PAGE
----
There’s also quite a bit of financial risk that comes with a project this size. How can we provide oversight and direction while also preventing cost overruns? How can we work with the design-builder to circumvent claims?

The project’s location impacts people’s daily lives; in some cases, we’re working right next to their back yards, affecting homes and businesses. A lot of people depend on the train to get from Long Island to Manhattan for work, so how can we make sure we don’t have a train stoppage when people are trying to get to work? We’re always working within the constraints; in this case, making sure service is maintained during those peak commute hours. The effort is huge, so our train operations team has daily conversations with the design-builder and plans every detail carefully.

One of the big challenges has been eliminating the rail grade crossings, which must be done within 48 hours so that we don’t impact the morning commute. It requires a Friday night start and must be finished before Monday morning’s peak hours. All of this is a huge risk and requires a lot of coordination.

What has been your biggest challenge?

Without a doubt, the COVID-19 pandemic was our biggest challenge. At the end of 2019, we started to hear about something happening in China; there was talk of a virus. I’m from Hong Kong, and many years ago, the city experienced a small outbreak of severe acute respiratory syndrome (SARS). I heard about what was going on in Wuhan, and it reminded me of the SARS outbreak. I alerted the team, telling them it had the potential to become a serious issue. We started discussing possible risks, one of which was how the virus might impact the supply chain. Of course, none of us knew we were facing a pandemic, but as the virus spread, we moved from risk management to crisis management, and before we knew it, we were working remotely.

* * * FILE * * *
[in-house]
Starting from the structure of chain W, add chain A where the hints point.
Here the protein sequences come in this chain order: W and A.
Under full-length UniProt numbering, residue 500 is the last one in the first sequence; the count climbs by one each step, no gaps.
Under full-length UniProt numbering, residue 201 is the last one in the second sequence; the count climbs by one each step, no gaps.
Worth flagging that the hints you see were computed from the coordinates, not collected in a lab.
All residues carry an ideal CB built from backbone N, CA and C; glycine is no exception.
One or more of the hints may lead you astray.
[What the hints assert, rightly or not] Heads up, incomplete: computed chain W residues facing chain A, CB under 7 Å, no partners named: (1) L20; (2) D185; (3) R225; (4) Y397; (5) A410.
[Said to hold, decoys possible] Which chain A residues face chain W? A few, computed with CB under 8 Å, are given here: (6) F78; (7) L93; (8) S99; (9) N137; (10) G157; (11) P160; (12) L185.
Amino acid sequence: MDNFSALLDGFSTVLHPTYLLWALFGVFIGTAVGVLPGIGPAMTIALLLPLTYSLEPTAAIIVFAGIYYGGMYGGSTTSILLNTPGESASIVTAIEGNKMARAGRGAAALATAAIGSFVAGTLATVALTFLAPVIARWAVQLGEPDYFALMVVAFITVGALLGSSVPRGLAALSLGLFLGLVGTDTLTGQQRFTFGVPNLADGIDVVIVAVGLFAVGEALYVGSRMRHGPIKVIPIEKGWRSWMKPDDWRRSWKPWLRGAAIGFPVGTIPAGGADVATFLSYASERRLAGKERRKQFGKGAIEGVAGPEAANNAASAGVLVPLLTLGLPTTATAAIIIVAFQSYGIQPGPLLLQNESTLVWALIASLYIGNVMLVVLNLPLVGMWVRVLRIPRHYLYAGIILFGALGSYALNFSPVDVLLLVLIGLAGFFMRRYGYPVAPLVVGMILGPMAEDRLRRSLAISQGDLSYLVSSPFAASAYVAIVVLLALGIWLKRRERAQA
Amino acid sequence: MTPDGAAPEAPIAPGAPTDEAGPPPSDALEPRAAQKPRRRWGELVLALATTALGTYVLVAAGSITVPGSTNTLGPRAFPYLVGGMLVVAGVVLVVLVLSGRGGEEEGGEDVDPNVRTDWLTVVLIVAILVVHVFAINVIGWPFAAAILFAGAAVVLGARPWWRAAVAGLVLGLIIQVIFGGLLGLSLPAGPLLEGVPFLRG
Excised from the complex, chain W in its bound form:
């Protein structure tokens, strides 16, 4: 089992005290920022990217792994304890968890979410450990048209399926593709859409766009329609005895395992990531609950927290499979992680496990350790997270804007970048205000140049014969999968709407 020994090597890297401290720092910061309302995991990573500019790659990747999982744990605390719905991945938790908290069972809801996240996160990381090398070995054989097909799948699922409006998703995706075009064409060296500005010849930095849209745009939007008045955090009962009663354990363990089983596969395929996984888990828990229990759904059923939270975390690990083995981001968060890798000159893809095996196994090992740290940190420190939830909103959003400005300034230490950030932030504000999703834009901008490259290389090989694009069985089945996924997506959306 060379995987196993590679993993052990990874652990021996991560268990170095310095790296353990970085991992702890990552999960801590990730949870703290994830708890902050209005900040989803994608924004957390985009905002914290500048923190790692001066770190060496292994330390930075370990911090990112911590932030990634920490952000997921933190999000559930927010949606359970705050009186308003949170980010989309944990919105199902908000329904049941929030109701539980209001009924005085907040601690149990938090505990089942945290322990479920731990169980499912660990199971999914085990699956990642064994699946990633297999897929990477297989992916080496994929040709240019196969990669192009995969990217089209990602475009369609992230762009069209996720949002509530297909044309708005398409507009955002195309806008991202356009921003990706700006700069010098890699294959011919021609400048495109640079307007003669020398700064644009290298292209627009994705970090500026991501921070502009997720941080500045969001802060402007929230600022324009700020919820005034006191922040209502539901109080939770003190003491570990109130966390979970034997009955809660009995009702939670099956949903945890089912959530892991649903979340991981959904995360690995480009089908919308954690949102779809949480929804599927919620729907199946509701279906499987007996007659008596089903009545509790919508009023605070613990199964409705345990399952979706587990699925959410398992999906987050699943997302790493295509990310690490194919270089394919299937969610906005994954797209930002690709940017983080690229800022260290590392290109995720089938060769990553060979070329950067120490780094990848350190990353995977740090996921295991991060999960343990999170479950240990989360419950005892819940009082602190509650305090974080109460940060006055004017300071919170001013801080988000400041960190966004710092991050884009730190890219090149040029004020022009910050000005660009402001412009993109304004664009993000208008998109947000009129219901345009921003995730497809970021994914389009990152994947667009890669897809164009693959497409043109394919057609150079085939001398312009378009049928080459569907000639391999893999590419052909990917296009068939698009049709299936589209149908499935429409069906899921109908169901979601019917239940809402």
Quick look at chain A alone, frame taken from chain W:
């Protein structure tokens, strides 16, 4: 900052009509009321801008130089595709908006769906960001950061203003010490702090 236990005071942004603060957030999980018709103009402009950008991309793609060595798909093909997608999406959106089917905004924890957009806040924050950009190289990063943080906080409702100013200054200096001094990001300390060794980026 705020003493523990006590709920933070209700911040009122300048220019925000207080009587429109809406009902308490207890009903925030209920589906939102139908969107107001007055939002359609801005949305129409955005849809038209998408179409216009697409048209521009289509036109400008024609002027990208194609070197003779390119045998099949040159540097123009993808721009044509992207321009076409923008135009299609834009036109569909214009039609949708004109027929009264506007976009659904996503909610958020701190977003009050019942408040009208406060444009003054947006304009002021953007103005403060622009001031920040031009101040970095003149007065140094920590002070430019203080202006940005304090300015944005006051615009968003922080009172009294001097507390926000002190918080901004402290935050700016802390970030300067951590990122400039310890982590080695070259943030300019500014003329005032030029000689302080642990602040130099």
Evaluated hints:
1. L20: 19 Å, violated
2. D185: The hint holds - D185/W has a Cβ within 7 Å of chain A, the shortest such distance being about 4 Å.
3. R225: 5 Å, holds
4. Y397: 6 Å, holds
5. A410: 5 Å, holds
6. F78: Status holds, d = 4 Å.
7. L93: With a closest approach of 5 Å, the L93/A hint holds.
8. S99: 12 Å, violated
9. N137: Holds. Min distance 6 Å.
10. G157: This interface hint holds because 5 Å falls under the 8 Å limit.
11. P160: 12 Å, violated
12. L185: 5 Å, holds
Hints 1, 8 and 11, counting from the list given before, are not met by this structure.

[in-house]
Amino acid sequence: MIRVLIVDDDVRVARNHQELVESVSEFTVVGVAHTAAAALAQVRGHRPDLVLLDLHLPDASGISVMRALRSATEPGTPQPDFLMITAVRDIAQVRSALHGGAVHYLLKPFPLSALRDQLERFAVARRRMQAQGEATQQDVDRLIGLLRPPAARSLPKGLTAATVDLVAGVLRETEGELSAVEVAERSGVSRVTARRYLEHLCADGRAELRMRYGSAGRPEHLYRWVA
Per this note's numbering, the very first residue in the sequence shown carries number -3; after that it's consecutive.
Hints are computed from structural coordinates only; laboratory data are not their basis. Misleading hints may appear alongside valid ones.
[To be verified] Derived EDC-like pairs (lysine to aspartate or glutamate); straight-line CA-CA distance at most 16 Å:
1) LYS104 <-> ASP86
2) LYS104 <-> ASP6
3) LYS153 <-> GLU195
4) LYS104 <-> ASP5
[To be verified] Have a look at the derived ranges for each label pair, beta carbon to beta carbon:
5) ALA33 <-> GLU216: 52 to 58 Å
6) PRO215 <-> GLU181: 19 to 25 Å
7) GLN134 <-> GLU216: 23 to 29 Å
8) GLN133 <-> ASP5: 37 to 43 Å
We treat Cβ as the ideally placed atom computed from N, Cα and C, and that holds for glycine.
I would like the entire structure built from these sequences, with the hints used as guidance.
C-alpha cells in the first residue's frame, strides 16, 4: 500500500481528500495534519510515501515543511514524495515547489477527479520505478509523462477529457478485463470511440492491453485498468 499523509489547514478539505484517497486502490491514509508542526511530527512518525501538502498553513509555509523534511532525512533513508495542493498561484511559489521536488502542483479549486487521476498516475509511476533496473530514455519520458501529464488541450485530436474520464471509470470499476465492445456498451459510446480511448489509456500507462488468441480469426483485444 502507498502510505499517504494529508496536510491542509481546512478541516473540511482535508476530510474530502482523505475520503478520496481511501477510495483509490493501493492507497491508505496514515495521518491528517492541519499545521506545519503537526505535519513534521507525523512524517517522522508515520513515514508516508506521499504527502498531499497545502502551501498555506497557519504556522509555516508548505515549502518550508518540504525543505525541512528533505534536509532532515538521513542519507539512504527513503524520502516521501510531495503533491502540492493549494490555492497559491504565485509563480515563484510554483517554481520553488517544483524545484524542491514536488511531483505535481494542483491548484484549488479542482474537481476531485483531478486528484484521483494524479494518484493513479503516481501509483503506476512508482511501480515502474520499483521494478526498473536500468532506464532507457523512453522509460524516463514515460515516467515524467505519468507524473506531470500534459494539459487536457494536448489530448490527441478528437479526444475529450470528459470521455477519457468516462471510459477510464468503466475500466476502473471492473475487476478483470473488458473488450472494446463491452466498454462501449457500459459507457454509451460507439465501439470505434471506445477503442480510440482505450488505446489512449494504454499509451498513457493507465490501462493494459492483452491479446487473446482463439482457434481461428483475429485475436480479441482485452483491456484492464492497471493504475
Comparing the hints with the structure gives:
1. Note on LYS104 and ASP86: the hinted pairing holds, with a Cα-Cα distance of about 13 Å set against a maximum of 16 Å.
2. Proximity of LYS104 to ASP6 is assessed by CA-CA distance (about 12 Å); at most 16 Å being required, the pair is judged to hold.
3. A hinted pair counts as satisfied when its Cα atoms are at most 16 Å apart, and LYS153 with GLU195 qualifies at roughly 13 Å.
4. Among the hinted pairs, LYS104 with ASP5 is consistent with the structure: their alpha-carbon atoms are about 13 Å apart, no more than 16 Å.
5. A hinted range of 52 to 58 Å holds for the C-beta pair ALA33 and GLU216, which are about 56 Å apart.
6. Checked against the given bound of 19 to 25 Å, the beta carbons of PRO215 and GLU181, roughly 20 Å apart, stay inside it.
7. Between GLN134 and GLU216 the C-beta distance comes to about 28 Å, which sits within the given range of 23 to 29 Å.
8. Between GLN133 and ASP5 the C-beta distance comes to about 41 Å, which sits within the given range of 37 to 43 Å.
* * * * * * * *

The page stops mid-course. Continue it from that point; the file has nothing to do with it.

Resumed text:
In the construction industry, everybody is used to working full-time at the site. In a matter of days, we established systems and ways of communicating — an entire new working environment — because stopping work on the project wasn’t an option.

We experienced some supply chain challenges, but I give much credit to those team members who worked in the field once it was safe to do so. They went above and beyond for the project and broader team, and their dedication helped us pull through without any project delays.

How is the LIRR Expansion Project going to benefit New Yorkers?

There are many positive benefits. This railroad was built 100 years ago when the population was much smaller so having only two tracks — one going east and one going west — worked. But as the population grew, so did demand. The railroad was already being run at capacity, and if anything happened, with just two tracks, everything came to a halt. A fallen tree, bad weather, icy conditions, a train breaking down — the railroad stops. The new third track serves as a buffer so if something happens, a backup is available to handle the load.